2.1. Tunnel Description
Based on the field surveys and material collection of more than 30 urban road tunnels in Shenzhen, the four representative tunnels of Henglongshan Tunnel, Cejiexian Tunnel, Jiuweiling Tunnel, and Dameisha Tunnel were carefully selected to collect data on traffic volume, air velocity, and CO concentration. These four urban road tunnels represent the urban arterial road, Shenzhen-Hong Kong transit corridor, urban expressway, and urban tourism area expressway, respectively. They are located in different areas of Shenzhen with various vehicle fleet composition characteristics and play different roles in the urban traffic network (Figure 1). The main technical parameters of the four tunnels are listed in Table 1.
2.2. Sampling and Instruments
The traffic survey was carried out by setting up a monitoring station at the entrance or inside of each tunnel. 9 or 10 fixed stations were positioned along the traffic direction for air velocity monitoring. The CO concentration sampling sites were arranged near the tunnel exit instead of the whole tunnel because the CO concentrations were basically 0 ppm at the entrance sites at the beginning of measurement. The air velocity and CO concentration shared a monitoring station at the same position, and the monitoring stations were 1.5 m above the maintenance path and 0.2 m away from the pavement. The station position in cross section is shown in Figure 2. The temperature and atmospheric pressure were measured inside and outside of each tunnel, respectively. The air velocity measurement and CO concentration measurement performed synchronously and sampled data every 3 minutes automatically. The sampling sites of four tunnels are shown in Figure 3. Each tunnel was continuously monitored for 2–7 days, and the whole test lasted from March 29 to September 16, 2014.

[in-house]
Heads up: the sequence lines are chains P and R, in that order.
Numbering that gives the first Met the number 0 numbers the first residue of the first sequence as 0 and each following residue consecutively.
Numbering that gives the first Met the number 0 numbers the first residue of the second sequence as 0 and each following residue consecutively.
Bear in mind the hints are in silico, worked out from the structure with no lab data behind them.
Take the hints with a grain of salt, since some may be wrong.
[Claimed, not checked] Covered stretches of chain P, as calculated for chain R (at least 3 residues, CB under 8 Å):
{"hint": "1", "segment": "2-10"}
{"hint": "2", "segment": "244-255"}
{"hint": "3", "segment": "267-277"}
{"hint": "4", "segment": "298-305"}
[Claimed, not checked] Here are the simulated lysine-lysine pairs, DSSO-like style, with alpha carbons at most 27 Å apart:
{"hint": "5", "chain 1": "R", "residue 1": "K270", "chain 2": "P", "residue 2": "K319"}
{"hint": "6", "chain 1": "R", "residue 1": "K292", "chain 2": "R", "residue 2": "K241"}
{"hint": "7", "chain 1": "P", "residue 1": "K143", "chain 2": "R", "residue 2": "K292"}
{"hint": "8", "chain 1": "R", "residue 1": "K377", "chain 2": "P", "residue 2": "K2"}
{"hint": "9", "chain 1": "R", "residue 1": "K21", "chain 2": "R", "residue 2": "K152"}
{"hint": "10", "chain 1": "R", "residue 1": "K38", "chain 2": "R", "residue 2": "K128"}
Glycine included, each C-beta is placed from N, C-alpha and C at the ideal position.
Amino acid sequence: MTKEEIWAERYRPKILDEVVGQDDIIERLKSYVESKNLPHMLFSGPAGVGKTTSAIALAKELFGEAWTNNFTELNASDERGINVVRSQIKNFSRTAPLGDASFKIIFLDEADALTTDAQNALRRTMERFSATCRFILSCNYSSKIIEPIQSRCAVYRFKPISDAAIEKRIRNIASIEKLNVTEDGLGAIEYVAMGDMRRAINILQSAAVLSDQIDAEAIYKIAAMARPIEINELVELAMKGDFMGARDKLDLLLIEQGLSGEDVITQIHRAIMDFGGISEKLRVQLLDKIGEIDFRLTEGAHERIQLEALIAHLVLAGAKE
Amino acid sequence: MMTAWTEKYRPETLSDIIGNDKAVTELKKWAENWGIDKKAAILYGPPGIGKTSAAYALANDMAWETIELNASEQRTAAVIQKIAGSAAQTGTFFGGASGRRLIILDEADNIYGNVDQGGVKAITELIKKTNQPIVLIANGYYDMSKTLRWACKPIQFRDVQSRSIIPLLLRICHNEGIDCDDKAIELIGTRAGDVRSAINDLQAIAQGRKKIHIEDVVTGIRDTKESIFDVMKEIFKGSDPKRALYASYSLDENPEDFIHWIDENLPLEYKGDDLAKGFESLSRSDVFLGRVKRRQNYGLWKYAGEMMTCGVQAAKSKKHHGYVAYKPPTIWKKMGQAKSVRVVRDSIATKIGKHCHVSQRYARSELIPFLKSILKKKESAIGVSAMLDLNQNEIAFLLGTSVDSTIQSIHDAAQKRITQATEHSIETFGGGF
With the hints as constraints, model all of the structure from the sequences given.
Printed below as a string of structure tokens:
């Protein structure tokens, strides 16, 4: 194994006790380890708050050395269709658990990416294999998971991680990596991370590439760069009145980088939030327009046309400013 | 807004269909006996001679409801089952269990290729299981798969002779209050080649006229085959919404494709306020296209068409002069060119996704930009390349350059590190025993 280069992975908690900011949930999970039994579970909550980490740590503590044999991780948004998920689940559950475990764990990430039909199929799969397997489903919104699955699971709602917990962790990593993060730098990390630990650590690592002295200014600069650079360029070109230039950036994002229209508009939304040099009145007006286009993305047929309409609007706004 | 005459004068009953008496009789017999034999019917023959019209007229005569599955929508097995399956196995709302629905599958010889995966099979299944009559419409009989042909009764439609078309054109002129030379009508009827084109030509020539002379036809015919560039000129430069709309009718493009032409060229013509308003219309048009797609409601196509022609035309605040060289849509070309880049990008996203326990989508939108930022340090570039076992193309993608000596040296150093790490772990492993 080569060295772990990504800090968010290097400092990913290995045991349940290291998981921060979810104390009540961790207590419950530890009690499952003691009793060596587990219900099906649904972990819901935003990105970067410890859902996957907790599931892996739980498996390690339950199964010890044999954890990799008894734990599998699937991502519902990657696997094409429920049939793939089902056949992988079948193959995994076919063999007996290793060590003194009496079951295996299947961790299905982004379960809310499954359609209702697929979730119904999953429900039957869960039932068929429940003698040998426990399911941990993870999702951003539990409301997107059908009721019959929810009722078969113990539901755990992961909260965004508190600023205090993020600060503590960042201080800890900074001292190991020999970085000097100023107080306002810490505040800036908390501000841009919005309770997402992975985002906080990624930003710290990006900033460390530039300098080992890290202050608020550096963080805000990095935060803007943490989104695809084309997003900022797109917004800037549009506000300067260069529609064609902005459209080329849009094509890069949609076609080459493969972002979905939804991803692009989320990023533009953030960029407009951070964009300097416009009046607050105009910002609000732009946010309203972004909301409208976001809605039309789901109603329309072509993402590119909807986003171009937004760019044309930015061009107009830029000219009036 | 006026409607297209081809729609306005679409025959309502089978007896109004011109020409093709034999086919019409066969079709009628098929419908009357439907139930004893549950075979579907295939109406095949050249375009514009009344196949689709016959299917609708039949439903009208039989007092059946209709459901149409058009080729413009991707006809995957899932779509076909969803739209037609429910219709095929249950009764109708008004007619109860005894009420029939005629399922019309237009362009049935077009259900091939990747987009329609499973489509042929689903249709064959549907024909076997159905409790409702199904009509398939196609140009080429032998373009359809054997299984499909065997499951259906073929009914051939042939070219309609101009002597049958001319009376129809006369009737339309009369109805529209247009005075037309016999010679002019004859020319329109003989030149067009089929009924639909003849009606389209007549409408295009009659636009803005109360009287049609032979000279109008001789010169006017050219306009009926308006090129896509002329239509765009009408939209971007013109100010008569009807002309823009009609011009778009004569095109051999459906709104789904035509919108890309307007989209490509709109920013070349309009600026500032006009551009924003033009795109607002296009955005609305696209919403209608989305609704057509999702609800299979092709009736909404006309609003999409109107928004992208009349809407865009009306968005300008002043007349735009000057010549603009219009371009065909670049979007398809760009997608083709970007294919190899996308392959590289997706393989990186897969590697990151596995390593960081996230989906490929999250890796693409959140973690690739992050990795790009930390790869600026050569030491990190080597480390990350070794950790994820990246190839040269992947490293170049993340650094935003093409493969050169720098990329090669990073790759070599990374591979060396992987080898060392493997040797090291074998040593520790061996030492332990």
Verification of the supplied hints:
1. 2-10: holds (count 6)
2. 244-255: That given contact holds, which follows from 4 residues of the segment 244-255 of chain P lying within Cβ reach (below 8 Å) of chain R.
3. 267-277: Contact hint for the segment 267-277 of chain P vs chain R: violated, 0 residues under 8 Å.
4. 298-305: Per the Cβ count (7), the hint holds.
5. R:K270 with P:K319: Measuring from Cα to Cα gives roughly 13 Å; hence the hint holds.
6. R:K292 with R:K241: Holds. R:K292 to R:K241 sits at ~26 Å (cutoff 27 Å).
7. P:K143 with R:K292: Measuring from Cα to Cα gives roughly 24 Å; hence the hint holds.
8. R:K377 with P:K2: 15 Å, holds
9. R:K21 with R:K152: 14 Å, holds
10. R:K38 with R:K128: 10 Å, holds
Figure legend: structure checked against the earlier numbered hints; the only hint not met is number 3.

The traffic flow and vehicle speed were continuously measured by photographic counting equipment. Traffic survey includes the traffic volume, traffic speed, traffic composition, and proportion of gasoline and diesel vehicles. The air velocity inside the tunnel was monitored continuously by using the AZ9871 anemometer with the sensitivity of 0.1 m/s and 3 min time resolution. The anemometer provides a brief and user-friendly operation interface and can be used for long-term automatic monitoring. The temperature and the atmospheric pressure inside and outside the tunnel were measured by the DYM3-type empty-box barometer with 1.0°C temperature resolution and 1.0 hPa pressure resolution. The instrument has the advantages of high accuracy, wide measuring range, and portability. The CO detector (TES-1372R) was used for continuously monitoring CO concentration with the sensitivity of 1 ppm and 3 min time resolution. The instrument works via a high-stability electrochemical CO sensor and supports automatic recording or manual recording. All instruments were calibrated by the professional organizations before and after measurement.
2.3. Analysis Method
2.3.1. Vehicle Emission Factor
The relationship between concentration distribution and emission rate of pollutants, emitted into the air by the automobile engine in tunnels, can be analyzed by the one-dimensional steady-state transport equation. The direction of air flow in the tunnel is taken as the x-axis, and the air inlet of the tunnel is defined as the starting point of the x-axis. Thus, without considering the chemical reaction decay process of pollutants from vehicle emissions, the average vehicle emission factor can be expressed as the following equation:where EFj is the average vehicle emission factor of pollutant j, g/(km·veh); A is the cross-sectional area, m2; V is the mean air velocity in the x-axis direction, m/s; Cj(x) is the concentration of pollutant j, mg/m3; and Ni is the number of vehicle i, veh/h.